Sarah: And what we subject ourselves to in terms of media, what ideas we listen to, what we allow to influence our thinking, especially with impressionable minds, like children, not letting them be exposed to violence, ill will, and hatred. 

Dale: Yes, and it just proves the old esoteric spiritual adage: that energy follows and conforms itself to thought. 

Robert: What do we do about our thoughts though? 

Sarah: Monitor them to begin with. Try to reserve some part of your nature that stands aside and observes the quality of your thinking. You can do this with practice so that you don’t get completely caught up in your thoughts and emotions. There can be a part of you that stands back and says, in effect, what in heaven’s name am I doing with this thought, or where did that come from? When you have a sensation or a reaction run through you, you can become aware of it. That’s a start.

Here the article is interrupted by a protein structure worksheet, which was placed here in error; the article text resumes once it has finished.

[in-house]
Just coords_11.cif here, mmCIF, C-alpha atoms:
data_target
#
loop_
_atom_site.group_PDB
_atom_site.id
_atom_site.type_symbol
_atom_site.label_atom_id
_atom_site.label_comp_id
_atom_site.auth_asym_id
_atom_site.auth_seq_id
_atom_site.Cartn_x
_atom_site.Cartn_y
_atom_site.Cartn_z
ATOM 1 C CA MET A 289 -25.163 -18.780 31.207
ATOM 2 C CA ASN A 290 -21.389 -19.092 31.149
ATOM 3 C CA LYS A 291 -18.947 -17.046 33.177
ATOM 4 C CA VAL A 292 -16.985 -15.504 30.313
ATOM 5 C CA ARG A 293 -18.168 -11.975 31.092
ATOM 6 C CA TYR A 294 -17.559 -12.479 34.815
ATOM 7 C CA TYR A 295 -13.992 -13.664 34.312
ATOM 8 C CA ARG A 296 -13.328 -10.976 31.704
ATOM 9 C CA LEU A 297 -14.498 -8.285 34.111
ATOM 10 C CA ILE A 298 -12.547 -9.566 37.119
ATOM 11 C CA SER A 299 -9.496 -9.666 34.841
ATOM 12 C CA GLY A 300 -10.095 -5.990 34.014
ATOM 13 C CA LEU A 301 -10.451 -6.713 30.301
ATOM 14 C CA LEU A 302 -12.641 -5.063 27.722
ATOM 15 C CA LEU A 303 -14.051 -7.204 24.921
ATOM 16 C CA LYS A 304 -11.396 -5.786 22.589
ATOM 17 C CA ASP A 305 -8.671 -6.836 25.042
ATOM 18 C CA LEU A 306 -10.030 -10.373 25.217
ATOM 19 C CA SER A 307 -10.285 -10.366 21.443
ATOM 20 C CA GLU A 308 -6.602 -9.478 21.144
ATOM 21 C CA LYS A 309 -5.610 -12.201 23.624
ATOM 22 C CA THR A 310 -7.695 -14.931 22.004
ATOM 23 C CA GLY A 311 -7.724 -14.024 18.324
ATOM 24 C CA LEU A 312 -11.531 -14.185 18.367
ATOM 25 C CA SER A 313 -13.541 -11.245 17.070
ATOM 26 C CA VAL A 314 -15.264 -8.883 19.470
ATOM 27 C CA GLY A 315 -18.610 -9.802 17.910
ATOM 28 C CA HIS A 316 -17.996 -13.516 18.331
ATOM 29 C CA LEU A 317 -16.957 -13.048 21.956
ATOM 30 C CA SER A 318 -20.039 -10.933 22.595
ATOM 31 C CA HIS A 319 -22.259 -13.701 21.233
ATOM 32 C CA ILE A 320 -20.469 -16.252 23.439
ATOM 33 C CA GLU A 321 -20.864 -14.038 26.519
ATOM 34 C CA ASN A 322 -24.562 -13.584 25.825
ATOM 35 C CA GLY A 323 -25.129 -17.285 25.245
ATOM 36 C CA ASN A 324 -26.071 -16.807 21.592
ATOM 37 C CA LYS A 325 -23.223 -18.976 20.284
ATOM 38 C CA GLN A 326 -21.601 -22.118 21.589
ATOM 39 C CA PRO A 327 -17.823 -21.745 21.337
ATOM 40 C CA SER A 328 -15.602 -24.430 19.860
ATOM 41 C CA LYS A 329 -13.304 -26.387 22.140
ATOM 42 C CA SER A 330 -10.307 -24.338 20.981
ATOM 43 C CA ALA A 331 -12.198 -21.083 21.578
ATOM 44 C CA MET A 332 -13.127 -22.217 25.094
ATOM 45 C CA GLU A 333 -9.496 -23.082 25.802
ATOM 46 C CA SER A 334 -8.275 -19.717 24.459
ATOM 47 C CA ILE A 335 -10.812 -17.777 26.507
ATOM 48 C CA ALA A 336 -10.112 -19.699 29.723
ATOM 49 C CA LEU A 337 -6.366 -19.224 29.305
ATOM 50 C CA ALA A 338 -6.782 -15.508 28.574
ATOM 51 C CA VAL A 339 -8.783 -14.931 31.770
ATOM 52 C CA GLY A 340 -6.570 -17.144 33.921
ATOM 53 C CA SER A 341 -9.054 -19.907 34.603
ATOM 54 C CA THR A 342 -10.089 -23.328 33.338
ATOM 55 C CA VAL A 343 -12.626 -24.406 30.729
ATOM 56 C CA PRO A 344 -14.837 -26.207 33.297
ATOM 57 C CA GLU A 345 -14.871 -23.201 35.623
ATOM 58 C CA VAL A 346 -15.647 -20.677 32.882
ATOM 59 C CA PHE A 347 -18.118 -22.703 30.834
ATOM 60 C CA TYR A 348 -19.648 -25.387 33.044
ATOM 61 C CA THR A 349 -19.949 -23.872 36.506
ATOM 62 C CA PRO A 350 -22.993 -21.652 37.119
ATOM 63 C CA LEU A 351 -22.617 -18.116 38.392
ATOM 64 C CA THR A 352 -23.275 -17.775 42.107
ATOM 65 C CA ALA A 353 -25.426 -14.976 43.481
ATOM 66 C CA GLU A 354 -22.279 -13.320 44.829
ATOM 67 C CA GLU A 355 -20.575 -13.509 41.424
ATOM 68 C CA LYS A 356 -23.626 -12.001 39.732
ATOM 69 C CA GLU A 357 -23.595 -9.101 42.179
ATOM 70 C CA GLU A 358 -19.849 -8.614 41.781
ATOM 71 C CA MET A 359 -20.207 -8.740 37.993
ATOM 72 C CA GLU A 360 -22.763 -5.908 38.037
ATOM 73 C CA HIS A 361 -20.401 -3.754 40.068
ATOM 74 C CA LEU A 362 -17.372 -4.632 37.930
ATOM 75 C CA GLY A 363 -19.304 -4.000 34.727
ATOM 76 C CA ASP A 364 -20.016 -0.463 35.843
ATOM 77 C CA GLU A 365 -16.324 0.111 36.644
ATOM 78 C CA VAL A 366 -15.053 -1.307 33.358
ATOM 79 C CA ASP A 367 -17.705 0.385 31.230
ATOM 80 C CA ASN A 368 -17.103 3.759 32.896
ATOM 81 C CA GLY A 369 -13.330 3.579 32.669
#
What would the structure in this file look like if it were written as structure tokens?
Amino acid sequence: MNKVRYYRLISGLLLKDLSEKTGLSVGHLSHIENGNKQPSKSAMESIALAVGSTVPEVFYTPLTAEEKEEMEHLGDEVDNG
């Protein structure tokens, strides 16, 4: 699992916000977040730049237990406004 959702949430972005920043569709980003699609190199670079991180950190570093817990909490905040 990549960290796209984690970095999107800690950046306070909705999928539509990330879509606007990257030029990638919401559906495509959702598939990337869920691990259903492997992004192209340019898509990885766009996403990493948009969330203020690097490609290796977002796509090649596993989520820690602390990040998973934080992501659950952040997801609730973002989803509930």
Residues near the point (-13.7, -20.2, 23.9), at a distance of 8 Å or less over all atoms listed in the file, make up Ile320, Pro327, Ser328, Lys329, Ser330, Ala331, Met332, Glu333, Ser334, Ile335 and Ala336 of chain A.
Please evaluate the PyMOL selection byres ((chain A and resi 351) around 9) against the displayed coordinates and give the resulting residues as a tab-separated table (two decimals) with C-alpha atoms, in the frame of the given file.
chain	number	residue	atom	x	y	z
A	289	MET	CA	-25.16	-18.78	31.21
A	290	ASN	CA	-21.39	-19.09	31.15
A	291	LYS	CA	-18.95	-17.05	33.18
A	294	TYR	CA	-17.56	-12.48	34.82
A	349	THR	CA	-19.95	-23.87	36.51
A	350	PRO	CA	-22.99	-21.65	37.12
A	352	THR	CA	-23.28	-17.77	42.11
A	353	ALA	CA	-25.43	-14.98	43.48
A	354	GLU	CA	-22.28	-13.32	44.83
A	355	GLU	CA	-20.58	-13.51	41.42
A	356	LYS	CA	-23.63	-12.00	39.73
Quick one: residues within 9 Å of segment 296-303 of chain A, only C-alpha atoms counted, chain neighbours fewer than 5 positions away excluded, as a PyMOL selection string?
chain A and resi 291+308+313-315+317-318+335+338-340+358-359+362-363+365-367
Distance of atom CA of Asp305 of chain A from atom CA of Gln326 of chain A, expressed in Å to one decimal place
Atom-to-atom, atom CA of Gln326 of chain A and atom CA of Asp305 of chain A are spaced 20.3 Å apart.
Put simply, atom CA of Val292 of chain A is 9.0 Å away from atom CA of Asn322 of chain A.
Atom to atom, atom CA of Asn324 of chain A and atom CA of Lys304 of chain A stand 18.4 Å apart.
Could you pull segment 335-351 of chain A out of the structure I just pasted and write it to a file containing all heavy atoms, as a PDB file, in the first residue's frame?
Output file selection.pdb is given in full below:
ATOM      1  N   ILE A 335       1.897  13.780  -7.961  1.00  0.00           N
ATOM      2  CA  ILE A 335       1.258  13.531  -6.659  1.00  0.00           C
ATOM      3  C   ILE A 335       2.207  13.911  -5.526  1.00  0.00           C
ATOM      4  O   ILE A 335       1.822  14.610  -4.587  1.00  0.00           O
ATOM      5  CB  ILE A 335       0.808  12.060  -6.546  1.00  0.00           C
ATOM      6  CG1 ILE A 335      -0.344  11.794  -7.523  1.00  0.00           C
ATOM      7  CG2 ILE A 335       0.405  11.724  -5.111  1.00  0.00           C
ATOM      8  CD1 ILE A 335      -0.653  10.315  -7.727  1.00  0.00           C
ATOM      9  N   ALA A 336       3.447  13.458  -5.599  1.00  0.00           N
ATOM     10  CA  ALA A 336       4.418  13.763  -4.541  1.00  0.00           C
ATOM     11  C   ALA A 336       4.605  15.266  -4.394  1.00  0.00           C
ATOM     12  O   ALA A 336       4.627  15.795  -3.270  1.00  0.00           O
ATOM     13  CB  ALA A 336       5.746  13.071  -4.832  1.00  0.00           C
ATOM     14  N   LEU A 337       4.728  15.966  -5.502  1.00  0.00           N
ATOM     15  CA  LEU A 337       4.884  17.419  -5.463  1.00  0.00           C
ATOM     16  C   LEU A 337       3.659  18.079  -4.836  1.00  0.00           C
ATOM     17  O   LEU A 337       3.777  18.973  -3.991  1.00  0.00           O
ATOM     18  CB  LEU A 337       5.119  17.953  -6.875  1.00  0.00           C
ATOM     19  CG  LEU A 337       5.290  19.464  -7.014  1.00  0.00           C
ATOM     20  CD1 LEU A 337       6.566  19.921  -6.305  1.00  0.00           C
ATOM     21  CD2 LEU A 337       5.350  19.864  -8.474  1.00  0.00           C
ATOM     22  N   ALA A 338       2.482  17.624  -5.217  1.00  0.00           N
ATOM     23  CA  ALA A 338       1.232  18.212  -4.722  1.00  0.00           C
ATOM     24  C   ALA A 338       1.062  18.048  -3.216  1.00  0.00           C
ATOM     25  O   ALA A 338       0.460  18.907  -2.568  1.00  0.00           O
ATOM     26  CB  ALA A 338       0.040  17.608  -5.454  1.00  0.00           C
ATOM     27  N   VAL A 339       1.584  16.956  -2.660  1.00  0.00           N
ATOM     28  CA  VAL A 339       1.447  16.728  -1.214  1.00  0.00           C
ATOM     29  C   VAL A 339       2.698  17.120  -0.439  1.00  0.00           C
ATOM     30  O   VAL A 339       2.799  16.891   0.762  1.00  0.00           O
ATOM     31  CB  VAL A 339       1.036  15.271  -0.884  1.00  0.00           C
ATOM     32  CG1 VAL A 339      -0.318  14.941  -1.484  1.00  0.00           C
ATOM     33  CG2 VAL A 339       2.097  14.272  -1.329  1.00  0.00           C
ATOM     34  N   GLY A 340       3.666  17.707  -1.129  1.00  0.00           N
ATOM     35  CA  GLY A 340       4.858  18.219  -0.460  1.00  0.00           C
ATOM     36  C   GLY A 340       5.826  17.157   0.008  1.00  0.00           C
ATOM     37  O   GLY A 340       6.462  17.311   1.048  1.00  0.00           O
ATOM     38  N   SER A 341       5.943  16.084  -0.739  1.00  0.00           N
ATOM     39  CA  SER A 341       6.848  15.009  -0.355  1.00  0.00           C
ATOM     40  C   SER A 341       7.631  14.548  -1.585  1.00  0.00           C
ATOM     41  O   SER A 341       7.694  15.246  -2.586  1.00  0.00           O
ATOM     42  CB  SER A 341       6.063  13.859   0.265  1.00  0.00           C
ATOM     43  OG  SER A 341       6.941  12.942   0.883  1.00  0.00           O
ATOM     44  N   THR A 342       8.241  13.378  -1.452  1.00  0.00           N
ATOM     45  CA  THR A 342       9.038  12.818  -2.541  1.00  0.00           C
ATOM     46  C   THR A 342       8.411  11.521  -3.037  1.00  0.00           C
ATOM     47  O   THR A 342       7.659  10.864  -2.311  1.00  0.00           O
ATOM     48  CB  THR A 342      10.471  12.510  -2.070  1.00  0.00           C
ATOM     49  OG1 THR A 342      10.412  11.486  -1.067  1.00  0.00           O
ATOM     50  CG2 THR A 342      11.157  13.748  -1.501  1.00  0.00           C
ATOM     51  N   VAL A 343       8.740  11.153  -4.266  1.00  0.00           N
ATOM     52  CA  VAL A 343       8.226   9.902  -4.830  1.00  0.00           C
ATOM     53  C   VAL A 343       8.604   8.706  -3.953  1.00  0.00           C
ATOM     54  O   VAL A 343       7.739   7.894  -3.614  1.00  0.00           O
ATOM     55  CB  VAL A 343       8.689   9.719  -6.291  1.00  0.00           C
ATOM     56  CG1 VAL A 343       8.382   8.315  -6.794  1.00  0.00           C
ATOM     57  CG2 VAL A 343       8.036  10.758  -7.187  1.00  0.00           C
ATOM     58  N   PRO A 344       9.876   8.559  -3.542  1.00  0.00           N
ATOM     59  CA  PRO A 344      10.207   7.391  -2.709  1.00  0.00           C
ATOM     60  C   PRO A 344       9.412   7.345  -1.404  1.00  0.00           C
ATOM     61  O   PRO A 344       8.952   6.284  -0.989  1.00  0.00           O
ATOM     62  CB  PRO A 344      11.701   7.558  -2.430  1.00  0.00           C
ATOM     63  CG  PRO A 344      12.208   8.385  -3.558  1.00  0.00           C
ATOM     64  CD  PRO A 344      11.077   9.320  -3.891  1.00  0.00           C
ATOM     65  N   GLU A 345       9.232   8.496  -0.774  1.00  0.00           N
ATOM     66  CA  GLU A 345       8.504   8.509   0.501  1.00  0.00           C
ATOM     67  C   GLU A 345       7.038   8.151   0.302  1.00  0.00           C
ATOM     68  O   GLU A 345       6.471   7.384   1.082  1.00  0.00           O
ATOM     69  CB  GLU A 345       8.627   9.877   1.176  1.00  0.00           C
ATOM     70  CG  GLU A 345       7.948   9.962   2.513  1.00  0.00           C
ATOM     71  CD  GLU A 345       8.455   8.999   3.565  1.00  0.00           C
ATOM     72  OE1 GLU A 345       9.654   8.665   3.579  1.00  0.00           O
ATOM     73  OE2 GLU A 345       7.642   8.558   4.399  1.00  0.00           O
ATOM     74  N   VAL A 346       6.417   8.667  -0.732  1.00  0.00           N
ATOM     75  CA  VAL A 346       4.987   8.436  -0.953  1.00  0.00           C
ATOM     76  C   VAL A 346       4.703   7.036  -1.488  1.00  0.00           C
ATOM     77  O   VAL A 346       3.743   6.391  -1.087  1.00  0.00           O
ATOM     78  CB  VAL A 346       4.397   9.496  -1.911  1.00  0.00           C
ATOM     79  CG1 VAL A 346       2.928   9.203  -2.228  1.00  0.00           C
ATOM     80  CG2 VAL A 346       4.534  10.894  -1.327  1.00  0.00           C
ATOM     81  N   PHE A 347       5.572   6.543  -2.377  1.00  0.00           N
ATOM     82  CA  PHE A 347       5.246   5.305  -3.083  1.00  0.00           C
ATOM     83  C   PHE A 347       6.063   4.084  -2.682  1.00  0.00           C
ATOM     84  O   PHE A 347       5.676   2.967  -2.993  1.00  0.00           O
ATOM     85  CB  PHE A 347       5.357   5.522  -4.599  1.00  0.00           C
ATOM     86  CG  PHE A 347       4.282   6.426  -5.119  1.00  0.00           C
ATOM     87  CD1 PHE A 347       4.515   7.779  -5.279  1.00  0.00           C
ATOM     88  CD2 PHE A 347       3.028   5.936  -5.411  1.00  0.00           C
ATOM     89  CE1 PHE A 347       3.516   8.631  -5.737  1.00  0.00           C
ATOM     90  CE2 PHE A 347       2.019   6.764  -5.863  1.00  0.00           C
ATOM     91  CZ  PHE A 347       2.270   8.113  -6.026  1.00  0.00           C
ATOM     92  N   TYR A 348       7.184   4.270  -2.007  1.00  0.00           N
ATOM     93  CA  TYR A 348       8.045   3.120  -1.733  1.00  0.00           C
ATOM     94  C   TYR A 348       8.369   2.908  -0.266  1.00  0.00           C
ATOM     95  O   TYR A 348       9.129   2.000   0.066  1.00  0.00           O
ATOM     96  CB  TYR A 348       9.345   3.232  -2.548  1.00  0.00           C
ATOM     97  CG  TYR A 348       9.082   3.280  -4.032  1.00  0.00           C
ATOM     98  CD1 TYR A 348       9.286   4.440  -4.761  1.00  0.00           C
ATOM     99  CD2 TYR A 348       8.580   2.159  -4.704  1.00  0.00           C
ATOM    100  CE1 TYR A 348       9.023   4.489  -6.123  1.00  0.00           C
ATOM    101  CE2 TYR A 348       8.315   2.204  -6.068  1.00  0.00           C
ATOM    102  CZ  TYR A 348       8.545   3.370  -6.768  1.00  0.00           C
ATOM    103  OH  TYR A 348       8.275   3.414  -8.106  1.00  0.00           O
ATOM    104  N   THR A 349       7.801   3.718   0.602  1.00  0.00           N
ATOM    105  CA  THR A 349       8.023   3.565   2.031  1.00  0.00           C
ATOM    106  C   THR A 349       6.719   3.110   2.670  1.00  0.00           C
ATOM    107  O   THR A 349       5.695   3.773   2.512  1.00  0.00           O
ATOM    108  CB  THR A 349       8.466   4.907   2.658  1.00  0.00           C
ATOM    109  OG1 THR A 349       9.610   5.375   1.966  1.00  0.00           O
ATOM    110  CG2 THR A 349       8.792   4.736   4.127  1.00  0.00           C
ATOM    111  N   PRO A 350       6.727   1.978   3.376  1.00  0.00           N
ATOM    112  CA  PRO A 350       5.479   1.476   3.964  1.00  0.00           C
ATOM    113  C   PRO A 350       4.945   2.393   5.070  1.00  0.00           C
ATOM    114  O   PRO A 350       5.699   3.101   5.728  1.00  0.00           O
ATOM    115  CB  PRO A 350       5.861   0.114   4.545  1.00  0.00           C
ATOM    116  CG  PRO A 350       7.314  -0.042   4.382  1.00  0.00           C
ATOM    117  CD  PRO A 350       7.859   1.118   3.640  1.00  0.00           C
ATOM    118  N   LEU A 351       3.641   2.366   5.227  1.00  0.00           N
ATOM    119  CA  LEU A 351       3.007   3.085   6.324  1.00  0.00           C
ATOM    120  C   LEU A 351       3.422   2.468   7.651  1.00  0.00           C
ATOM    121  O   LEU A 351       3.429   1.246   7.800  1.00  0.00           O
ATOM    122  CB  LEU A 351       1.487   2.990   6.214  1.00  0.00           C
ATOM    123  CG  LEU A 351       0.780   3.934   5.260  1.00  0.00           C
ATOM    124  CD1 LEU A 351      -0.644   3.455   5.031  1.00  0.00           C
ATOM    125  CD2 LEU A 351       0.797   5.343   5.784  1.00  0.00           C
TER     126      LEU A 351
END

Dale: You have to become self-aware and once you begin to become self-aware—and that doesn’t mean selfish, that means aware of this inner self that is actually the one that has the power to control what one thinks and what one does—then that’s a start. A lot of the problems come through the mind, but it’s in the mind that the solution lies also, just like it’s said: “As wars begin in the minds of men, it’s in the minds of men that you build the defences of peace.” So, it all starts there in the mind. 

Sarah: It takes a kind of a ruthless self-honesty to be able to start monitoring these processes and for a while it can be kind of depressing. And it’s humbling. 

Robert: You mentioned energy follows thought, in relation to the prisoners and their thoughts and how their thoughts were the first step in getting them into the deep trouble that many of them got into. What did you mean by that, Dale? 

Dale: Well, it goes back to what I said earlier about the mind. Thoughts are not just fleeting things that pass through your mind and are gone, but they stay there and the more you think about them the more energy you’re building up in the thought. In the case of criminal activity, the thought form of causing harm to someone keeps building and building and the more it’s thought about, the more the thought is energized, and pretty soon it leads to action.